Illinois The First State To Throw Out Laws Making Amazon Collect Sales Tax Based On Affiliates
from the a-good-win,-but-the-battle-is-almost-over dept
Over the years, we’ve covered a bunch of stories about Amazon cutting off affiliates in various states. The issue was mainly that states are desperate for sales tax revenue — and there’s something of an ongoing dispute about who’s responsible for paying and collecting sales tax. Technically, if you buy via “mail order” and don’t pay a sales tax, you’re still supposed to pay up the sales tax to your state yourself. It would appear that almost no one does this. If companies have a business “nexus” in the state, then they are supposed to be collecting the sales tax at the time of the order, and sending it on to the state. The issue here was that states passed laws (almost all of which targeted Amazon) arguing that if Amazon has affiliates in the state, that counts as having a nexus, and thus Amazon would need to start collecting the sales tax. But, an affiliate is hardly the same thing as having a physical presence in a state. As anyone who’s done an affiliate program knows, all it really means is that you’re agreeing to advertise for the retailer, and if any sales come through, then you get a cut. They’re not employees. They’re not even contractors. They’re just advertisers.
In NY, Amazon sued over their law, but the lawsuit got tossed and continues to wind through the appeals process. However, in Illinois, it appears that a similar law has been struck down by the Illinois Supreme Court, who said it violated federal laws prohibiting discriminatory taxes on online sales. And make no mistake about it: this is targeted directly at online sales.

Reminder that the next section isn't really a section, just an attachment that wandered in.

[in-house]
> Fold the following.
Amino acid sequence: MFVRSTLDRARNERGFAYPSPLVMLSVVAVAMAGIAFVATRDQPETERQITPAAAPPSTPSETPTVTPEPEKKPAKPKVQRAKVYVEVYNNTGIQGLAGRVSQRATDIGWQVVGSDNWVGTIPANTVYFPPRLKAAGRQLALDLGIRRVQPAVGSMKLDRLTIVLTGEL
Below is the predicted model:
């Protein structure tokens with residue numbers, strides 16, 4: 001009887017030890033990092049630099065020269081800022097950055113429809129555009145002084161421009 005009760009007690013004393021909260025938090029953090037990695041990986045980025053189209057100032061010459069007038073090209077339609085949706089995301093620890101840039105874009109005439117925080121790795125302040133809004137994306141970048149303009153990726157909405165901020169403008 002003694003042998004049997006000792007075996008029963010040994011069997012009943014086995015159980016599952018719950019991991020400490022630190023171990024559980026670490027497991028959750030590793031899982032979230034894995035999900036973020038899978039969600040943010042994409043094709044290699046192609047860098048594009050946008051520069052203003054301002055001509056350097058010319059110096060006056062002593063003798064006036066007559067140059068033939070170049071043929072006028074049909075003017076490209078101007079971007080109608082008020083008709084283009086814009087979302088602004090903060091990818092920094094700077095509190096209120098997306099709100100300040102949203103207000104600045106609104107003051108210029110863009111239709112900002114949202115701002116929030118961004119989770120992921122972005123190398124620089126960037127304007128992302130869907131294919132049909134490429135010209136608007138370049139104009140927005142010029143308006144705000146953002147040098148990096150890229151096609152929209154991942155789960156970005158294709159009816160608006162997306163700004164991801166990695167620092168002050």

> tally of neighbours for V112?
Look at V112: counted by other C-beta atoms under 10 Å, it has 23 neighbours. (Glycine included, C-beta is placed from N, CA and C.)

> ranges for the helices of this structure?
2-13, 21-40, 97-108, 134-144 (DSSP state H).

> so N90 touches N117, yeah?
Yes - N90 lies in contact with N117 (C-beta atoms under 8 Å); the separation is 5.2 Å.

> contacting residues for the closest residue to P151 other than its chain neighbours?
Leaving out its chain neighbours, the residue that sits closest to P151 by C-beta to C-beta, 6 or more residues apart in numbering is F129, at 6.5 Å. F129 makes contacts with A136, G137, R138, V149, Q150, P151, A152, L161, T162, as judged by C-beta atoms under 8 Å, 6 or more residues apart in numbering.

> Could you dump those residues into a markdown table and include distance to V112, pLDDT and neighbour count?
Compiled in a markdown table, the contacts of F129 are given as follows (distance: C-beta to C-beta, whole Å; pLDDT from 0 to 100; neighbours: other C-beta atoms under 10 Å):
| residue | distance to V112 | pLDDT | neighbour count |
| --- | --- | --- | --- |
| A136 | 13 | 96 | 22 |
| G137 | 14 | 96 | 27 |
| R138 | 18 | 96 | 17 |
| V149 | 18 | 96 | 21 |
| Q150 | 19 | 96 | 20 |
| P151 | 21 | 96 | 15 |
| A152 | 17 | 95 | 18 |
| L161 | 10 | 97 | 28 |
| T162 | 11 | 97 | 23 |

It appears that the Illinois Supreme Court recognized the real relationship between Amazon and affiliates:
But Justice Anne Burke, writing for the court’s majority, questioned whether there was any substantial difference between out-of-state businesses reaching Illinois consumers through a click-through-nexus approach or through other approaches that aren’t taxed.
“The click-through link makes it easier for the customer to reach the out-of-state retailer,” Burke wrote. “But the link is not different in kind from advertising using promotional codes that appear, for example, in Illinois newspapers or Illinois radio broadcasts.”
There is one dissent, which argues that since this isn’t imposing any new taxes, just who collects them, that there is no discrimination issue here at all. Either way, all of this may be moot as there’s increasing support in Congress to basically force the issue on internet companies, making them collect the sales tax for states.